Think frozen for vegetables. These come either plain or seasoned and you can buy either individual portions or a big resealable bag. Those frozen skillet dinners like the Bertolli ones are sooooo tasty!


    For breakfast, cereal, fruit, & eggs are all easy. Also, there is now an assortment of frozen breakfast foods available. Frozen isn't bad anymore.

    When you consider that when you buy pre-prepared or frozen individual portions, you have no waste, there aren't a bunch of ingredients to buy that you only need a tiny bit of, the cost isn't any higher than buying a fat laden burger and fries. Of course, sometimes we NEED a fat laden heavenly thick burger and seasoned curly fries. :!!)
    Last edited: Jul 16, 2008
  14. Jul 16, 2008 #13
    Lean cuisine.
  15. Jul 16, 2008 #14
    It's fairly easy to eat right. Here are some ideas from my plate:

    Breakfest: Turkey Sausage, Organic Wheat Waffle, Bagel, Two Eggs, OJ, Apple Juice

    Lunch: Ham Sandwich, Organic Mac n Cheese with added Chicken or Tuna, Milk, Blueberries, Raspberries, Banana

    Dinner: Chicken Breast, Stir Fry Veggies, Blackberries, Red Wine

    Snacks: Pretzels, Natty PB, Vanilla Yogurt

    I am super lazy and I think this is fairly balanced. This is my normal diet give or take. Try to limit sugars, sodium and fats. It's easy really. You can still eat some ice cream or cookies, just pick some that are organic and compare nutrition labels to get lesser of the evils.
  16. Jul 16, 2008 #15


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    Disgusting stuff. Some ladies that I used to work with ate that crap, and the whole break-room reeked when they opened the door of the microwave. Reading the list of ingredients was slower-going than a chapter of War and Peace. Please do not put this crap in your body! It's easy to cook healthy stuff.
  17. Jul 16, 2008 #16


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    NOOOOOOOOOOOOOOOOOOO!!!!!! Stay away from the pre-prepared frozen foods, and ready-made yuck in the meat section or deli. That stuff has so much crap and chemicals added, you might as well eat the McDonald's. It's not that hard to get a piece of meat, add some seasonings that you can identify (salt, pepper, garlic, onion as simple basics) and broil or pan fry it (no fat needed). No need to buy that preservative-laden garbage. Just buy a box of Ziploc (or similar) freezer bags, so when you get 3 or 4 chicken breasts in a package, you cook one and freeze the rest for another week. Same for pork chops, steaks, etc. A few packages of meat will last you the month if you freeze single servings. Frozen vegetables are fine, but since it's summer, there are so many fresh, why eat frozen now? You don't even have to cook your vegetables. Get some that you can eat raw, or make a tossed salad...lettuce, tomato, cucumbers, carrots, mushrooms, celery can all be eaten raw. Or, just put a little water in a pan, add carrots, or zucchini, or asparagus, or any other vegetable that's in season, and lightly steam it. Eat while still crunchy...yum! No cooking or very minimal cooking, and much healthier than anything in the frozen food aisle. Or, grab some fresh fruits...peaches, pears, apples, avocado (technically a fruit, as is tomato) and have them as dessert.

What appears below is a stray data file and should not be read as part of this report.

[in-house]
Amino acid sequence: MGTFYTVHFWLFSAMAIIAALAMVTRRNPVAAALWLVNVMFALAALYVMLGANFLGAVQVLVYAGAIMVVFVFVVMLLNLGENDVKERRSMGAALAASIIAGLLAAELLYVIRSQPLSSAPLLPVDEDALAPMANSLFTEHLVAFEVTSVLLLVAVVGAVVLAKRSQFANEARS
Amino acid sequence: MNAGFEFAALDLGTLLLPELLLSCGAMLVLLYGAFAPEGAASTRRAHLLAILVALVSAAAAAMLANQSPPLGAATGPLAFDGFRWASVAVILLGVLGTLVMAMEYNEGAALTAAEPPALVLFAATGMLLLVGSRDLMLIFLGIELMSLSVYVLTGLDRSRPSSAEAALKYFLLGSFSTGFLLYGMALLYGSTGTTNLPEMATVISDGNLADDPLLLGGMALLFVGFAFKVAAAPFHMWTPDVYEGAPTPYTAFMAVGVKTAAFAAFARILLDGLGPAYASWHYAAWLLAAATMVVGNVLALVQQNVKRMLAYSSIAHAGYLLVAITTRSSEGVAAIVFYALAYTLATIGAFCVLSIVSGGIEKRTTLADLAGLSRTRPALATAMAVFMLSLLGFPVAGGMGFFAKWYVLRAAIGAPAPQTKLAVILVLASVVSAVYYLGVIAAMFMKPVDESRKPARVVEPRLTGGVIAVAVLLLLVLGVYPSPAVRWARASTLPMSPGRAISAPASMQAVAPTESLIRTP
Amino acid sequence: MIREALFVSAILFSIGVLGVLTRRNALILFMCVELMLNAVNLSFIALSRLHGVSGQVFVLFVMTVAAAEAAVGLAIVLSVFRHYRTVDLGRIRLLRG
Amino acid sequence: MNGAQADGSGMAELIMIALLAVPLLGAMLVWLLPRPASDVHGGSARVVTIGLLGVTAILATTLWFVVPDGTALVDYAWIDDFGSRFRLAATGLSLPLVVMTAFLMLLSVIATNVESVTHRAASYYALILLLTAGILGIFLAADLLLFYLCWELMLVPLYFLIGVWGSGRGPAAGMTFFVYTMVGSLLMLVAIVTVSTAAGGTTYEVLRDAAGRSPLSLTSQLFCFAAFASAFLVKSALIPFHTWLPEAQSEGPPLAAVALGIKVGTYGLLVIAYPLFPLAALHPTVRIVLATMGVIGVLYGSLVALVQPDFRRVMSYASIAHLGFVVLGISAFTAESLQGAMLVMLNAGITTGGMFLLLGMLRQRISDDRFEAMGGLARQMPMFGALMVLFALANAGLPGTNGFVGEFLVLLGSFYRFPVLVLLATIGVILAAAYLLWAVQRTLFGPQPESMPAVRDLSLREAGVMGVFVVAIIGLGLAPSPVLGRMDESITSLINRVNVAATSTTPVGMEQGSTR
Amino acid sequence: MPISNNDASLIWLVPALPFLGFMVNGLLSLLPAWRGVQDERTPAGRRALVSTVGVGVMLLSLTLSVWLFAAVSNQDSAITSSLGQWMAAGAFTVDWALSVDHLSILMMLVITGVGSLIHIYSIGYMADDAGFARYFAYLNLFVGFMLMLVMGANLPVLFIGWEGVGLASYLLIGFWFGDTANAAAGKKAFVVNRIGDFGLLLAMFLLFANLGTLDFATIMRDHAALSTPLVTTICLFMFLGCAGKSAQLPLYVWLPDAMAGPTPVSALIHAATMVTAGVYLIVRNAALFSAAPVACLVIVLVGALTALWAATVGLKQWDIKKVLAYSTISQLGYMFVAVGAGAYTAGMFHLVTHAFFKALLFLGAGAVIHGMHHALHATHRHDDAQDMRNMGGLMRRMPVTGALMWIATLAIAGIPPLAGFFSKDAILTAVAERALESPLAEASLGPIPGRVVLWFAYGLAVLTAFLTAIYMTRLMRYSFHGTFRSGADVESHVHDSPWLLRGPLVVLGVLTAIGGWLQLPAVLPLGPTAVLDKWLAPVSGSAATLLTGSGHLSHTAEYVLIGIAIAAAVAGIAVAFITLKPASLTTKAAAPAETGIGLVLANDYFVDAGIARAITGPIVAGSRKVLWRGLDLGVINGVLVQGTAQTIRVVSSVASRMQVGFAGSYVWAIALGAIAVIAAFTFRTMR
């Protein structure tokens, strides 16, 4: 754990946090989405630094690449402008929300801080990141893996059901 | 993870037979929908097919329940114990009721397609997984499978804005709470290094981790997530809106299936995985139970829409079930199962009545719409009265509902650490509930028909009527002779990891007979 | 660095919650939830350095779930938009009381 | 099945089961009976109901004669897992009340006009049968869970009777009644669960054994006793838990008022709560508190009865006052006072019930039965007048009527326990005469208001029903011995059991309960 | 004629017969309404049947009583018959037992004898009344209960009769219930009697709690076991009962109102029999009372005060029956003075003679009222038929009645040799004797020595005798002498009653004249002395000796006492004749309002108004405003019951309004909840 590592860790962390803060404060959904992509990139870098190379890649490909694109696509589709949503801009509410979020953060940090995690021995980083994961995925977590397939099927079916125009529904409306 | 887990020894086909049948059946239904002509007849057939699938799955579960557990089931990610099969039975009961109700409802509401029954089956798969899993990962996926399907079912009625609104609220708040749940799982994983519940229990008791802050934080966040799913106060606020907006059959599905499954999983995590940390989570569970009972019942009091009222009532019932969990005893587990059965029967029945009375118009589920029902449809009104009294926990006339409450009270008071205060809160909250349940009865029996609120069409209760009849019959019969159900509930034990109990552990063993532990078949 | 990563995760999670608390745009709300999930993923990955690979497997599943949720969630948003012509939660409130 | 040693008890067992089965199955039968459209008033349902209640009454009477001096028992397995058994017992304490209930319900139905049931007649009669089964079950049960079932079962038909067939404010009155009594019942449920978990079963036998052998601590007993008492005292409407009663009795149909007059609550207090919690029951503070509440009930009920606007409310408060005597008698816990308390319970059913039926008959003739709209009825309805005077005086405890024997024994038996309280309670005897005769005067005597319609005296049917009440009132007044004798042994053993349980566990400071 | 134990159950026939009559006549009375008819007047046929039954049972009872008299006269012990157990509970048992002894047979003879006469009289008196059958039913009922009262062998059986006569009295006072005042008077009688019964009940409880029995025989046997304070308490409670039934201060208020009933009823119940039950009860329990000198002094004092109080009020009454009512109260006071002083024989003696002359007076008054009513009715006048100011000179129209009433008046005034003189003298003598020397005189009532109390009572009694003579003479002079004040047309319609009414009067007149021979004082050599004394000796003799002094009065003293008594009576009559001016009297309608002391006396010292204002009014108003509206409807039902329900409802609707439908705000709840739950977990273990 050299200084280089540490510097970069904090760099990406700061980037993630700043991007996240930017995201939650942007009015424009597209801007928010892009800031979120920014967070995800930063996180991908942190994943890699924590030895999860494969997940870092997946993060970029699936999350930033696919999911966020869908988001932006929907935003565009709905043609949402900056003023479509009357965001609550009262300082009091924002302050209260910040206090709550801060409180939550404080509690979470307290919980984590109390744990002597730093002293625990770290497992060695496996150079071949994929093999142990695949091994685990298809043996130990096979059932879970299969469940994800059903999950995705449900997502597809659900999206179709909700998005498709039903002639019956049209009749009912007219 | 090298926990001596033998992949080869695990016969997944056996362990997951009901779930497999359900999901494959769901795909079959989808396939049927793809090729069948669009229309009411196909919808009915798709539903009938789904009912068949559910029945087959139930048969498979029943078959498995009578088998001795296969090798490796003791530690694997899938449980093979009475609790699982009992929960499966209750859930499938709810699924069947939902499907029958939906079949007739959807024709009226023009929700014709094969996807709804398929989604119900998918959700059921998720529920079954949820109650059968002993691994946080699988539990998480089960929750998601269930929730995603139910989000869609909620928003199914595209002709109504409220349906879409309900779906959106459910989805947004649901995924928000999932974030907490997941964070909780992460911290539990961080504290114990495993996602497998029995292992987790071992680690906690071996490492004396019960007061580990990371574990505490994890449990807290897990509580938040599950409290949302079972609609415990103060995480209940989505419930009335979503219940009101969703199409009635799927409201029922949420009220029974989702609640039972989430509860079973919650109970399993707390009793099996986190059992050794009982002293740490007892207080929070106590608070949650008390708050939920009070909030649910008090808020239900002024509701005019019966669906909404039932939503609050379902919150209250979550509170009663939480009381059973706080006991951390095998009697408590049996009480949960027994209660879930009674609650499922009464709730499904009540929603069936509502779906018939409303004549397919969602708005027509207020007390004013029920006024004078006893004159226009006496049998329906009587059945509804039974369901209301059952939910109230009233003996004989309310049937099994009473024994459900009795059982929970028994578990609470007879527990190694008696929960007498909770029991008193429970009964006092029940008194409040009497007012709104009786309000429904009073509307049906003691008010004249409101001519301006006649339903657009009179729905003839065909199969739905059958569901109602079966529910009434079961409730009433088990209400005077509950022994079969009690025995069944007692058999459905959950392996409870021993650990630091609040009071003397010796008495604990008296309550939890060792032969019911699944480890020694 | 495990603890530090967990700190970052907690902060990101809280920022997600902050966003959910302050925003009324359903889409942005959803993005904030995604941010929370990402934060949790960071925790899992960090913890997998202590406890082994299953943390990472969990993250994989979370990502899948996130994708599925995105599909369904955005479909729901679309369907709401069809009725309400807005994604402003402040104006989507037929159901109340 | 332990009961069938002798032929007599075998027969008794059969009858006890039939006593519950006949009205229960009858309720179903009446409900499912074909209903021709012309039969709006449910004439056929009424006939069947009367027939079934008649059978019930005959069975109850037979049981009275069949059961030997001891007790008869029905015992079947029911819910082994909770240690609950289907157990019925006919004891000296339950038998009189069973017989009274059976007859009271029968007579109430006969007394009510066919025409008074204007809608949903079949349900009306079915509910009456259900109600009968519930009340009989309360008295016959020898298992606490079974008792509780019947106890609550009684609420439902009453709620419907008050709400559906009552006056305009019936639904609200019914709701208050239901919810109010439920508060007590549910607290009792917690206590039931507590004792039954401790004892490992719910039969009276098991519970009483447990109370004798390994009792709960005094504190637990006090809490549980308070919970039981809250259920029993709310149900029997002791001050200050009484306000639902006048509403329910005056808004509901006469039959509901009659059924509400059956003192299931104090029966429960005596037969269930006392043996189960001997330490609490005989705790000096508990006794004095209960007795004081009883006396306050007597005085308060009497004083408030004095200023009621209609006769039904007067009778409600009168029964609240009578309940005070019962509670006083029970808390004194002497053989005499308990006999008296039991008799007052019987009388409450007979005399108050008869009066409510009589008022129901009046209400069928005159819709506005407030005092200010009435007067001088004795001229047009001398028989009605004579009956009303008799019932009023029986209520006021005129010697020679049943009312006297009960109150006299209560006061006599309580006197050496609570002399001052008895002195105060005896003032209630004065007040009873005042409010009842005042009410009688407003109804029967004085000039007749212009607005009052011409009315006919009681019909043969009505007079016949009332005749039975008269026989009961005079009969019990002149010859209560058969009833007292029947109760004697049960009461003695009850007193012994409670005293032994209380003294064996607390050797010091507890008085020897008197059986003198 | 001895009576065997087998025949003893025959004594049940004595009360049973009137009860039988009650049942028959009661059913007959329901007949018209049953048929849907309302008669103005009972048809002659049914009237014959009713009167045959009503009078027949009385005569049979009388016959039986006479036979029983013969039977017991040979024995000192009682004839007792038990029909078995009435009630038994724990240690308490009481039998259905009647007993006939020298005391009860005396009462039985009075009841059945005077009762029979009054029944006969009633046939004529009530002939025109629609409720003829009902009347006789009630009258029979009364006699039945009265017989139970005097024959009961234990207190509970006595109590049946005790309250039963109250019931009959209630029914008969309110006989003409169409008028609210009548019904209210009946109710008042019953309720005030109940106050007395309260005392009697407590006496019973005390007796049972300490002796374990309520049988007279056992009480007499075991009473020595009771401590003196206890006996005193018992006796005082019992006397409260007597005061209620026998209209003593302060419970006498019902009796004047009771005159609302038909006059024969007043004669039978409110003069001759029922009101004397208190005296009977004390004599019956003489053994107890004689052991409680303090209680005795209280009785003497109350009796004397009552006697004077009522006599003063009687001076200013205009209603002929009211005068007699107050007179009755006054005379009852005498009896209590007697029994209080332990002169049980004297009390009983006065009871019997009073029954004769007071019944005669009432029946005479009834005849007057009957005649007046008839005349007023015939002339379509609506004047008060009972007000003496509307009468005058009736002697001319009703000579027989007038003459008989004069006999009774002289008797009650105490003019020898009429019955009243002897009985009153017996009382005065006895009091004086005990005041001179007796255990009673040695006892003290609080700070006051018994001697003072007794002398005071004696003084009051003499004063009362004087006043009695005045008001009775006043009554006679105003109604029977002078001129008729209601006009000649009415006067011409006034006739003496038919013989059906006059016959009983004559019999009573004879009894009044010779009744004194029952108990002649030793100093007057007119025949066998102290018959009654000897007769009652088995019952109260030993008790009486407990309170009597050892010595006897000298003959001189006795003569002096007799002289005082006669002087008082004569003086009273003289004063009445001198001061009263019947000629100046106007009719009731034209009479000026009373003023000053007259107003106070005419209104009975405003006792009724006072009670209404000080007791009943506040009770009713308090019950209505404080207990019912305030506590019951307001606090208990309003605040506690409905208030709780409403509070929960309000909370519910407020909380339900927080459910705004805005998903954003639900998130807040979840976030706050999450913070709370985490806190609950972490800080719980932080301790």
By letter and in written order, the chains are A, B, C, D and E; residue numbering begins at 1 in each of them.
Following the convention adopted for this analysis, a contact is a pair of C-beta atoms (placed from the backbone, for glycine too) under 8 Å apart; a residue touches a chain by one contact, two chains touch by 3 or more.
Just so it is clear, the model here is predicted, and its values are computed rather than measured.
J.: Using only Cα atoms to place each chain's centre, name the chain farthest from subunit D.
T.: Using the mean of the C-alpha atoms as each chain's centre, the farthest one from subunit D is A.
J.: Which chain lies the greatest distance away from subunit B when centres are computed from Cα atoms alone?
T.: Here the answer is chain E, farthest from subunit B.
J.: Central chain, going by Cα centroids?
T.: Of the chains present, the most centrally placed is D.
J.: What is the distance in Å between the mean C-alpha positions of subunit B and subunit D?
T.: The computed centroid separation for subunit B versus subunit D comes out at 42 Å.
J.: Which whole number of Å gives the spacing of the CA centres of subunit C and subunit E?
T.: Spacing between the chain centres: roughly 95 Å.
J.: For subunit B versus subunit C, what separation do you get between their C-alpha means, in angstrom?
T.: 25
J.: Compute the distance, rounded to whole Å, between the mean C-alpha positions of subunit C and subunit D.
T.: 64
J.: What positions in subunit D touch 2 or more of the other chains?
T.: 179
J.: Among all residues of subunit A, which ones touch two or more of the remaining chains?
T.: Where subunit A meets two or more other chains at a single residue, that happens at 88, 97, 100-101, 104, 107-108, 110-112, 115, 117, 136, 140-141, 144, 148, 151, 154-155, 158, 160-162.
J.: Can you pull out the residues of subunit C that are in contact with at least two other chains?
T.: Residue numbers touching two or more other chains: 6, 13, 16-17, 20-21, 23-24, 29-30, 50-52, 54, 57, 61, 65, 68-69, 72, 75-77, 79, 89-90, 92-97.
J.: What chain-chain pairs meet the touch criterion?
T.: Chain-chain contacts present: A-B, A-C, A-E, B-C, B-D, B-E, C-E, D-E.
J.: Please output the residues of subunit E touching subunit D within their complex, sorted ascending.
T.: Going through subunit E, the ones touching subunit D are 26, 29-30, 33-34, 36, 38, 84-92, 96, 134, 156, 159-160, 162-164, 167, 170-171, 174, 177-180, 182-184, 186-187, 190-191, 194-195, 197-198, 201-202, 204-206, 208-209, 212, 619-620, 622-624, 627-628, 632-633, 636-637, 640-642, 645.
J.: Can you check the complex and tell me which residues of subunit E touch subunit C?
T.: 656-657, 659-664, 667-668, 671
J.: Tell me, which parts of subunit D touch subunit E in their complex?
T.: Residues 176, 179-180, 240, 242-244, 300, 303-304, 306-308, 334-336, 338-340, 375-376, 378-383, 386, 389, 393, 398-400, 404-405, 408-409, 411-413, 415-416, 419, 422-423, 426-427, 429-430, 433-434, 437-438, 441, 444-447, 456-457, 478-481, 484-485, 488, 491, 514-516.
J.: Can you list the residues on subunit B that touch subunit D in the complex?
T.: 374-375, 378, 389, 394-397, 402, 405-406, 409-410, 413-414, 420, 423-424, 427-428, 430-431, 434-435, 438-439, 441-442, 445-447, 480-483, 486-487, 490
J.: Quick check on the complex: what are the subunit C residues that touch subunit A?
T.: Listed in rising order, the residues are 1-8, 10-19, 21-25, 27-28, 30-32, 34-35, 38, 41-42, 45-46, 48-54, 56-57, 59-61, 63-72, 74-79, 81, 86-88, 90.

Yes, as Monique pointed out, baked potatoes are quick and easy to make in the microwave. Running the oven in summer is not so pleasant. In winter, I'll bake them in the oven if I have the time. In summer, I often toss the potato on the grill. 40 min to an hour later, it's done to perfection. :approve:

    If you prefer rice rather than potatoes (or want to mix it up), I never go wrong with this approach...put a splash of oil in a pot (maybe a teaspoon), add your rice (1/2 c is more than enough for one person), get the rice coated with the oil somewhat, add a bit more water than rice (i.e., 5/8 c water with 1/2 c rice), turn the heat on high and bring the water to a quick boil, as soon as it boils, give it a quick stir, put the lid on the pot and turn the heat down to the lowest setting, cook for 18 min exactly. Your rice will be perfect every time.
  18. Jul 16, 2008 #17
    My recommendations:

    Eliminate refined sugars, restrict simple sugars except for fruits, minimize the use of flour based products, eat many raw or lightly steamed vegetables and limit the intake of meat products, infrequently eat eggs, soy and optionally some fish.
  19. Jul 16, 2008 #18


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    Cut out the high fructose corn syrup - the stuff is pure poison.

    It's tough to do, though. It's everywhere.
  20. Jul 17, 2008 #19
    If you eat like this for years and years it will increase risk of serious problems like diabetes, heart problems, and so forth. Obviously this is not going to happen overnight, but if you keep eating junk food as a major source of food it for 5 years, 10 years, 20 years, then you are heading for trouble.
  21. Jul 22, 2008 #20
    I guess I should have mentioned I'm at school most of the time, so most of these options don't apply.